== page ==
The Star (Kenya)

Why Ju­bilee fac­tion wars could be­come na­tional se­cu­rity threat

If sec­tions of the Cab­i­net have taken un­equiv­o­cal stands on po­lit­i­cal events, it will def­i­nitely be fac­tions

- COLLINS AJUOK @Th­es­tarkenya The writer com­ments on top­i­cal is­sues U.S. News · Politics · Elections · Uhuru Kenyatta · Kenya · Central Province · Metropolitan Police Service · William Ruto · Mwai Kibaki · Kikuyu · Raila Odinga · David Musila · Daniel arap Moi · George Saitoti · Machakos

Iwatched in hor­ror last week as El­geyo Marak­wet Se­na­tor Kipchumba Murkomen in an un­prece­dented fash­ion took on Pres­i­dent Uhuru Keny­atta on Ci­ti­zen TV.

Se­na­tor Murkomen sug­gested rather lib­er­ally that Pres­i­dent Keny­atta suf­fers an in­fe­ri­or­ity com­plex that makes him want to keep his deputy, Wil­liam Ruto, away from the lime­light.

Barely 48 hours later, it was the turn of En­vi­ron­ment CS Keriako To­biko. Point­ing his fin­ger like a vil­lage di­viner curs­ing evil spir­its, To­biko pro­ceeded to de­mand that Murkomen and Ruto must re­spect Uhuru, but not be­fore declar­ing with ut­most con­tempt that the DP him­self was a mere clerk of the Pres­i­dent.

Not sur­pris­ingly, Tan­gatanga folks, who had found noth­ing wrong with Murkomen’s ut­ter­ances two days ear­lier, sud­denly found the CS’S at­tacks against Ruto dis­re­spect­ful and un­war­ranted. Be­cause Murkomen is a politi­cian, and one with a tongue so loose that it could make it to a Loose Tongue Hall of Fame, if ever there was one, it was easy to place his rant­ings in a fa­mil­iar pat­tern. Not so with CS To­biko.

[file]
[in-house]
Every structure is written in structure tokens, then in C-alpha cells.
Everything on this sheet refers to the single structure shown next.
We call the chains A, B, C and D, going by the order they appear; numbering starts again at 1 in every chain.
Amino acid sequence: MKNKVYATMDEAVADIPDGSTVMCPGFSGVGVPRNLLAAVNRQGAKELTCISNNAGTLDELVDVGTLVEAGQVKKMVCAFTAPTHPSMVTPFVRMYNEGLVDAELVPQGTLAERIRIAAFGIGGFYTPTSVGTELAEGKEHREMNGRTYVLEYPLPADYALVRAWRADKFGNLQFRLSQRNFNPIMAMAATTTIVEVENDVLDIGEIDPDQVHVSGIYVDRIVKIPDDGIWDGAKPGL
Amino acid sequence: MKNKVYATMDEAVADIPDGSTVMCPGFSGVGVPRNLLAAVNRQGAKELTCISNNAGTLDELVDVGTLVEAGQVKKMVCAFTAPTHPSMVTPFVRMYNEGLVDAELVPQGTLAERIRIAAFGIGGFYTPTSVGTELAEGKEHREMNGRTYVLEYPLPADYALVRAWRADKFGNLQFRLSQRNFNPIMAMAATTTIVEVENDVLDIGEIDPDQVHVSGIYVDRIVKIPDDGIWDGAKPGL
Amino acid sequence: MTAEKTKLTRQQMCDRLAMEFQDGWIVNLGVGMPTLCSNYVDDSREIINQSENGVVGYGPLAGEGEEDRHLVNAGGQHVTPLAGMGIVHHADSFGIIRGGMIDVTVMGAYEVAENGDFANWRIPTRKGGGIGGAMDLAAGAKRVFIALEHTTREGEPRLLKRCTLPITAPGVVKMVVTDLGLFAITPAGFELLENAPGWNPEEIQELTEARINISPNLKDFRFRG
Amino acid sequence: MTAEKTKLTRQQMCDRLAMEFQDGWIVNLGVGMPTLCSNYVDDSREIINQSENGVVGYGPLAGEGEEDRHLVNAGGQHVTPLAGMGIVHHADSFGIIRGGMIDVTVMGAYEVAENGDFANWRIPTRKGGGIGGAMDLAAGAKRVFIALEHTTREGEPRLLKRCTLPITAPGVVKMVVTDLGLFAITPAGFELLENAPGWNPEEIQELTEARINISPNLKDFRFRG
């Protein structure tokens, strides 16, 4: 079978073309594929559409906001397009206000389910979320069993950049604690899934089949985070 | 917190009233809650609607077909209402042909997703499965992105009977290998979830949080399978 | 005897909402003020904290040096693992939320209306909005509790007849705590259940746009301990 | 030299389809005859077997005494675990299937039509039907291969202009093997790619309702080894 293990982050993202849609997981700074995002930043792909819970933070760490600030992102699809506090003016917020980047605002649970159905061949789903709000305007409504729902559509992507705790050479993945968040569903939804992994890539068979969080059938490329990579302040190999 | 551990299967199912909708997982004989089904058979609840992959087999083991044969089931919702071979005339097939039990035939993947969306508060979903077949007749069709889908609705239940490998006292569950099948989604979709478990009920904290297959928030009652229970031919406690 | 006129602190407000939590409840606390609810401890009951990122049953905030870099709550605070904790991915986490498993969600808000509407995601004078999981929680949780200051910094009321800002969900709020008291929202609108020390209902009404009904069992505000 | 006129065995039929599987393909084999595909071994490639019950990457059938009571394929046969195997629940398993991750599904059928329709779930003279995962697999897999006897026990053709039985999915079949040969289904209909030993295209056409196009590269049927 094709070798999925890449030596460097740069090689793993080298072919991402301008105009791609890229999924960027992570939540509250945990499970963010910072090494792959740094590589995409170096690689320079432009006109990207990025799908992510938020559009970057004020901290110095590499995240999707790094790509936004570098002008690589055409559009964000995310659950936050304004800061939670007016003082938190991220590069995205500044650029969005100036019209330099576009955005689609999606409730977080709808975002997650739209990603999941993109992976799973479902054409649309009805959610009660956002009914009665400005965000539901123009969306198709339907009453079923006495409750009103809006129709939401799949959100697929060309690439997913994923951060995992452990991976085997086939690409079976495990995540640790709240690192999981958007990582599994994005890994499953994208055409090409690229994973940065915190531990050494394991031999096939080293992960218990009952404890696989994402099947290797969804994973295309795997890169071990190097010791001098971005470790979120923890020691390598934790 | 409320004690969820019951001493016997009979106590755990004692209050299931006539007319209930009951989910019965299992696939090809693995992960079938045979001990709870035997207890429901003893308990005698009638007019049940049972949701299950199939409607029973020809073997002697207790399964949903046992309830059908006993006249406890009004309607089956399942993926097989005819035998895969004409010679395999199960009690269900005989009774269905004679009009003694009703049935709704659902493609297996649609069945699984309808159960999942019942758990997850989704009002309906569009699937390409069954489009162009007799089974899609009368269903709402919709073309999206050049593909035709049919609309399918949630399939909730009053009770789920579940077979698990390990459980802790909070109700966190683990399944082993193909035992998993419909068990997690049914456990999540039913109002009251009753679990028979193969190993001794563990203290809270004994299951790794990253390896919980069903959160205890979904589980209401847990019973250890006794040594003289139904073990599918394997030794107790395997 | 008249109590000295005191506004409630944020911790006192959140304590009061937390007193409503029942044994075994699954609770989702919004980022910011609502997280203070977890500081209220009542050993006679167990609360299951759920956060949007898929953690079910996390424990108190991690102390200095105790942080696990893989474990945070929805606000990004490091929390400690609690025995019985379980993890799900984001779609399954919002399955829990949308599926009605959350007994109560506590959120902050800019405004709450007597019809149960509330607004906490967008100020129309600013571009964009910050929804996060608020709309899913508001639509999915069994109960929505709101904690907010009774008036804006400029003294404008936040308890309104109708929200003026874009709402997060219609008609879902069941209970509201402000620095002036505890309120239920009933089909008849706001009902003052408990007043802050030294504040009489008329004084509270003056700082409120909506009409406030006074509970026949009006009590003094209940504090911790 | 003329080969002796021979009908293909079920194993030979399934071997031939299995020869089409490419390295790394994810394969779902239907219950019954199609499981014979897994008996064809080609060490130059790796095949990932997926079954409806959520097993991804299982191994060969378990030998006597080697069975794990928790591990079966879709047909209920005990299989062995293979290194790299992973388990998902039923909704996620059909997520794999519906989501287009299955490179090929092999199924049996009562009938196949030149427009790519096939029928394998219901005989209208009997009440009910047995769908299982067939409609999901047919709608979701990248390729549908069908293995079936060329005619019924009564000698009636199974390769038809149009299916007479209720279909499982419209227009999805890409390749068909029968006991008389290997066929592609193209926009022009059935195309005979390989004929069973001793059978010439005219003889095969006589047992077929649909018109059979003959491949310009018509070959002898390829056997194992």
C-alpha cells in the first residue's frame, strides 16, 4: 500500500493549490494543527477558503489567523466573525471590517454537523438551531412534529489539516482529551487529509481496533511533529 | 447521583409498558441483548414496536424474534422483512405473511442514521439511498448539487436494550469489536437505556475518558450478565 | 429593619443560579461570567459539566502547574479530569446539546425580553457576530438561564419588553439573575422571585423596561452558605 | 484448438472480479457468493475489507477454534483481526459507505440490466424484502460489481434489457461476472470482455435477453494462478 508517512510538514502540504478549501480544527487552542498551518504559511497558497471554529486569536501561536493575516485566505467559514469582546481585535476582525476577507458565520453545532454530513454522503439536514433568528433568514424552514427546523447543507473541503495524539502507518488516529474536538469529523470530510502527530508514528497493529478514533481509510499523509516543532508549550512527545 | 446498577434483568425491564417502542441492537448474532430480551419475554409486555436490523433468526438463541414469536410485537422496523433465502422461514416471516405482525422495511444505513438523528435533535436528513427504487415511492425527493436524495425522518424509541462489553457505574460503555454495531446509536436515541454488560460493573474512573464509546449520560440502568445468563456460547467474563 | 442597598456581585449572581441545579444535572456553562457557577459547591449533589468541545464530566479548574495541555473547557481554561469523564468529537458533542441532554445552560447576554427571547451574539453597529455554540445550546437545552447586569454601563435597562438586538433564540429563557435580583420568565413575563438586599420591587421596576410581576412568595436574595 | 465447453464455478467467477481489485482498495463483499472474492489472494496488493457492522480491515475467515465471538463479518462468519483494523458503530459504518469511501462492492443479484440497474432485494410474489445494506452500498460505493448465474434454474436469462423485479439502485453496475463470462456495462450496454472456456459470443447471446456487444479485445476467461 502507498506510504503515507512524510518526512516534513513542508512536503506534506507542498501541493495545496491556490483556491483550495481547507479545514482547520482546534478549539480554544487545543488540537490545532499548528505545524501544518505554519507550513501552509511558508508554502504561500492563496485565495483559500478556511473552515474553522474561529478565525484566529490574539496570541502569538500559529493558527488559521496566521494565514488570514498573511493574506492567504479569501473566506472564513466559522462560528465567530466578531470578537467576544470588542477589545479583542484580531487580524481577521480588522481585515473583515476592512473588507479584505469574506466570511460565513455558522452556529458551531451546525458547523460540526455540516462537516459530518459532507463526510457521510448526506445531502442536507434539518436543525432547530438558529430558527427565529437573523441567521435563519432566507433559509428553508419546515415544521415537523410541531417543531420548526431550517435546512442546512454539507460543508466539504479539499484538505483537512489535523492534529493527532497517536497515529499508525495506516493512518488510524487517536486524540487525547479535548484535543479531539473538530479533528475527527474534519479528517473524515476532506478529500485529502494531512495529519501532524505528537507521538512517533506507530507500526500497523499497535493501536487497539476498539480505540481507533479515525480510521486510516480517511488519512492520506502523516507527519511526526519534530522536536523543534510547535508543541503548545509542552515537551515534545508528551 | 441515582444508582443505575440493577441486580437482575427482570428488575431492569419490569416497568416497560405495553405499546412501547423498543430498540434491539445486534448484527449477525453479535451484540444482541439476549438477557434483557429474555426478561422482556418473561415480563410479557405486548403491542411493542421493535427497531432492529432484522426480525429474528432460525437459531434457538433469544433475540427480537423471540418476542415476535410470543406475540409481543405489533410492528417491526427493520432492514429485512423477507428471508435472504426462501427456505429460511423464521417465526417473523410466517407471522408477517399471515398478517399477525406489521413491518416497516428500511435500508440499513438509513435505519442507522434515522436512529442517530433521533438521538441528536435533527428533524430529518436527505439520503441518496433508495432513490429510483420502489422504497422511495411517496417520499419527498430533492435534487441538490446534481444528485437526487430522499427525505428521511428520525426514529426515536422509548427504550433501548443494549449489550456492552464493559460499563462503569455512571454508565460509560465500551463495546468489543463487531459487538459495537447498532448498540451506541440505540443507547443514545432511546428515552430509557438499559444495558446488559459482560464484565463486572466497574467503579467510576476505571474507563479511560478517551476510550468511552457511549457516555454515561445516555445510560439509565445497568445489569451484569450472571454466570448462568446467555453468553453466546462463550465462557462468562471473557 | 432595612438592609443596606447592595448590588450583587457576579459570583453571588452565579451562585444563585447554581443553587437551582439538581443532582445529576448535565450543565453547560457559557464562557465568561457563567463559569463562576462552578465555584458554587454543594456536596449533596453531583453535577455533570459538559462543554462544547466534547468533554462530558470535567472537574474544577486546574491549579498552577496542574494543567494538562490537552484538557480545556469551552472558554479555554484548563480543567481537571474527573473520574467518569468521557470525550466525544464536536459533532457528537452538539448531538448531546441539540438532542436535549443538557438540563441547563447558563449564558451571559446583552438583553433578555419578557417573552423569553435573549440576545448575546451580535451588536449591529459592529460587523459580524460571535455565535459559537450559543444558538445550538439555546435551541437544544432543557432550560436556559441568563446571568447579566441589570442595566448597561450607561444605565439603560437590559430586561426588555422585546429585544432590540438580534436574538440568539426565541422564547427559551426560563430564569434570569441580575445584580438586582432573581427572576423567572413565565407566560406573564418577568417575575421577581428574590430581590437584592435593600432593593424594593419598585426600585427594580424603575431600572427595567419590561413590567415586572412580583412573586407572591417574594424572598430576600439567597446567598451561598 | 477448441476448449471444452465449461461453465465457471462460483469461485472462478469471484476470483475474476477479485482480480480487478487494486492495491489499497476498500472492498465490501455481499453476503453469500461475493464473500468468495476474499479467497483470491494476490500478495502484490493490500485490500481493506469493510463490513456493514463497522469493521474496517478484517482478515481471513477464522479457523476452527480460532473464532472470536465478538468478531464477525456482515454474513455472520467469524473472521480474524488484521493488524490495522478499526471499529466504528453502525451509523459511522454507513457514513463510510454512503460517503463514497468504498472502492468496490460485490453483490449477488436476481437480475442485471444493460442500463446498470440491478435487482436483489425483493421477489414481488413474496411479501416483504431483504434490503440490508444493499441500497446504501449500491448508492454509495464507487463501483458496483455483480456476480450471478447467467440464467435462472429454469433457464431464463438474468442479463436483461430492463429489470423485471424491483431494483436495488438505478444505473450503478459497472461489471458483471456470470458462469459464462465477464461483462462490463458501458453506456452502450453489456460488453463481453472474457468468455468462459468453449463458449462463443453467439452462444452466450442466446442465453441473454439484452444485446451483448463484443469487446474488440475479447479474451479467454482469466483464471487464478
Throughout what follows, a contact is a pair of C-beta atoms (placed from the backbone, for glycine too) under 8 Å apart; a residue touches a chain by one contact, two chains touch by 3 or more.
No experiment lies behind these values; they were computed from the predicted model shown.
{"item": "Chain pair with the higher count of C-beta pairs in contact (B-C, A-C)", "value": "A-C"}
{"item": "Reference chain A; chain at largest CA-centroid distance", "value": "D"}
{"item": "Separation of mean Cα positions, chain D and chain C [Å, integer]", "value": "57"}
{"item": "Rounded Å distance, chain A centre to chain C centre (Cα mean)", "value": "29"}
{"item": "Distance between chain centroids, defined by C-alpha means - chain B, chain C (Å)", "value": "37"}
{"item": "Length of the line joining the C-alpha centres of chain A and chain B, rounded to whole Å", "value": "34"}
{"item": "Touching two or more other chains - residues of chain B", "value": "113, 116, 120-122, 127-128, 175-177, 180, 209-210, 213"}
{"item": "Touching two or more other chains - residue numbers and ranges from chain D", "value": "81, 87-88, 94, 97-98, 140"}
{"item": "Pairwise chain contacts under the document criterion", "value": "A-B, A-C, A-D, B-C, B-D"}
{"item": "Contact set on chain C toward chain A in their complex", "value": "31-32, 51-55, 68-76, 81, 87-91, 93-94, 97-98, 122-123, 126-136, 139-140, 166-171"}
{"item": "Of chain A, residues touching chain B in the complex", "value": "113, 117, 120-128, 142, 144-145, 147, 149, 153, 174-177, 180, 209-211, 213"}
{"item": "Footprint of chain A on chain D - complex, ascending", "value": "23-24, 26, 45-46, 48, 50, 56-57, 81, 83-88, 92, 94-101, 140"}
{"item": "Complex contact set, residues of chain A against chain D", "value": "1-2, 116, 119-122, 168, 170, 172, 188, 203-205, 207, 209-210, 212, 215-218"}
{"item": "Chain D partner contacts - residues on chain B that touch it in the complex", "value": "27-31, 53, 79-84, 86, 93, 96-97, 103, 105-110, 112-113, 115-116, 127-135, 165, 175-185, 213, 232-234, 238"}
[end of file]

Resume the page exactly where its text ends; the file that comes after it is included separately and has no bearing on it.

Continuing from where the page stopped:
It is in­con­ceiv­able that a pub­lic ser­vant who took an oath to serve a non-par­ti­san cause, would re­fer to one of his bosses in such un­palat­able terms, no mat­ter the jus­ti­fi­ca­tion.

Speak­ing of jus­ti­fi­ca­tion, it may not ap­pear to the min­is­ters who as­sume they are en­gag­ing in par­ti­san pol­i­tics on be­half of the Pres­i­dent, that their words tend to con­vey a dis­turb­ing un­der­ly­ing mes­sage: That ei­ther the Pres­i­dent is now too weak to fight his own wars with his deputy, or that he has run out of real politi­cians to take on the DP’S fac­tion on his be­half.

The love-hate re­la­tion­ship be­tween Kenya’s past and cur­rent pres­i­dents with their prin­ci­pal as­sis­tants has been well doc­u­mented. In his me­moir, Sea­sons of Hope, for­mer Mwingi South MP David Musila re­vis­its some in­ci­dents dat­ing back to the per­se­cu­tion of Vice Pres­i­dent Daniel Moi by ju­nior Keny­atta lack­eys, and later, Moi’s own poor treat­ment of Kibaki, who his han­dlers con­stantly treated with sus­pi­cion.

At some point, Kibaki’s fa­ther was mur­dered by a ser­vant, and Musila, the then Cen­tral provin­cial com­mis­sioner, started mak­ing ar­range­ments for the pres­i­dent’s visit for the burial.

He took it for granted that Moi would at­tend his VP’S fa­ther’s burial.

He was shocked when the Pres­i­dent said he wouldn’t, and no amount of plead­ing would change his mind. See­ing as the Pres­i­dent had graced many “or­di­nary” buri­als, Musila asked the Pres­i­dent to at least send a se­nior of­fi­cial, af­ter he asked him (Musila) to rep­re­sent him. Moi dis­patched Se­cu­rity Min­is­ter GG Kar­iuki, a fel­low Kikuyu, mak­ing the un­der­ly­ing con­tempt rather loud.

Of course the treat­ment of VP Josephat Karanja and Prof Ge­orge Saitoti later pro­vides the prover­bial ic­ing on the cake to this pat­tern.

The 2010 Con­sti­tu­tion was sup­posed to be the panacea to this mad­ness - by in­tro­duc­ing a DP elected on the same ticket as the Pres­i­dent and one who didn’t have to serve at the whims of the Pres­i­dent. But none of the past cases comes close to what Kenyans have been treated to in the proxy wars be­tween Pres­i­dent Keny­atta and DP Ruto. All in­di­ca­tions are that the proxy stage is end­ing soon,or has ended, and the two gen­tle­men will soon be go­ing for each other like the fa­bled Kilkenny Cats.

An ap­pe­tizer of sorts was served over the week­end, when Ruto vis­ited Machakos county, and on his road­side stops, lo­cal MPS in his fac­tion threw jibes at the Pres­i­dent as Ruto laughed out loudly enough to be picked by the mi­cro­phone.